To classify Very-High-Resolution (VHR) imagery, Geographic Object Based Image Analysis (GEOBIA) is the most popular method used to produce high quality Land-Use/Land-Cover maps. A crucial step in GEOBIA is the appropriate parametrization of the segmentation algorithm prior to the classification. However, little effort has been made to automatically optimize GEOBIA algorithms in an unsupervised and spatially meaningful manner. So far, most Unsupervised Segmentation Parameter Optimization (USPO) techniques, assume spatial stationarity for the whole study area extent. This can be questionable, particularly for applications in geographically large and heterogeneous urban areas. In this study, we employed a novel framework named Spatially Partitioned Unsupervised Segmentation Parameter Optimization (SPUSPO), which optimizes segmentation parameters locally rather than globally, for the Sub-Saharan African city of Ouagadougou, Burkina Faso, using WorldView-3 imagery (607 km2
). The results showed that there exists significant spatial variation in the optimal segmentation parameters suggested by USPO across the whole scene, which follows landscape patterns—mainly of the various built-up and vegetation types. The most appropriate automatic spatial partitioning method from the investigated techniques, was an edge-detection cutline algorithm, which achieved higher classification accuracy than a global optimization, better predicted built-up regions, and did not suffer from edge effects. The overall classification accuracy using SPUSPO was 90.5%, whilst the accuracy from undertaking a traditional USPO approach was 89.5%. The differences between them were statistically significant (p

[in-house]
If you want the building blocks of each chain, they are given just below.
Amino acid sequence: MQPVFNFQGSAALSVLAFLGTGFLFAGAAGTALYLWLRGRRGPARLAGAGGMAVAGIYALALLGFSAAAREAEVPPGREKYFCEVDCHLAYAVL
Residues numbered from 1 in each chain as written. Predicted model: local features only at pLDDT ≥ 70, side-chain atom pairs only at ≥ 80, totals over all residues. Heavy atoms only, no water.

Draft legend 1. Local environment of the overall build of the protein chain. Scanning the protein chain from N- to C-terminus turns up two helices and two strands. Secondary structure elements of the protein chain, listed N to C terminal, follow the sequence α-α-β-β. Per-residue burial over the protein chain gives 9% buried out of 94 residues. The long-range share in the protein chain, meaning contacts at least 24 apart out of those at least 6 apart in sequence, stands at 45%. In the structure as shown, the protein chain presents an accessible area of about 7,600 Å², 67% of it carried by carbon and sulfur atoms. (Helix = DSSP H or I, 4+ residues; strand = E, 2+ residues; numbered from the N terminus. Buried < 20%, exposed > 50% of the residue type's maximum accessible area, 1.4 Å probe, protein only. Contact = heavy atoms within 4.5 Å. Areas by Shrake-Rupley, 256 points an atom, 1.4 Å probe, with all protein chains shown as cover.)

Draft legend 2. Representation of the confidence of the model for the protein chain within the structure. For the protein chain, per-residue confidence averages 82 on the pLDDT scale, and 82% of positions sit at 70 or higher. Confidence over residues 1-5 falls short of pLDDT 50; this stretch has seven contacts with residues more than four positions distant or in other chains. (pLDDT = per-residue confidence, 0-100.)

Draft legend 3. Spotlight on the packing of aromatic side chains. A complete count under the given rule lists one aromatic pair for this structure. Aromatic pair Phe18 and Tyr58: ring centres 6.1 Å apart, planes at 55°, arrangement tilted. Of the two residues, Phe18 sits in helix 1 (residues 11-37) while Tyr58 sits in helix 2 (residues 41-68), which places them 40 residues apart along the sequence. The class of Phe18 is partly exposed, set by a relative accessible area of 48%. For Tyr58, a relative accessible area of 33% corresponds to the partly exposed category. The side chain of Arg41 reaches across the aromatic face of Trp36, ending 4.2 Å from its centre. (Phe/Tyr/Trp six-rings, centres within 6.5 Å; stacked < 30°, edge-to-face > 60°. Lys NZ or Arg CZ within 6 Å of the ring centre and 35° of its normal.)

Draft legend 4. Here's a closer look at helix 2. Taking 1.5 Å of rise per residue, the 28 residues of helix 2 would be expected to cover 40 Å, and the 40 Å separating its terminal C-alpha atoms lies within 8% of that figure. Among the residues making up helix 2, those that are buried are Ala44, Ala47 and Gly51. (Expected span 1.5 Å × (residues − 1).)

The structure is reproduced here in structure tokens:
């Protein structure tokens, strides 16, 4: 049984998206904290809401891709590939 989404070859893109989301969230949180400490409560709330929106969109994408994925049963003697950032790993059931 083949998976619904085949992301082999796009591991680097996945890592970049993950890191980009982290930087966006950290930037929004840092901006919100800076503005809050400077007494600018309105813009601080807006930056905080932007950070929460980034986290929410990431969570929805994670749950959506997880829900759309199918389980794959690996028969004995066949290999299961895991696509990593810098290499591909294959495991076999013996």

< 0.05) based on a McNemar’s test of similarity. Our methods were validated further by employing a segmentation goodness metric, Area Fit Index (AFI)on building objects across Ouagadougou, which suggested that a global USPO was more over-segmented than our local approach. The mean AFI values for SPUSPO and USPO were 0.28 and 0.36, respectively. Finally, the processing was carried out using the open-source software GRASS GIS, due to its efficiency in raster-based applications.
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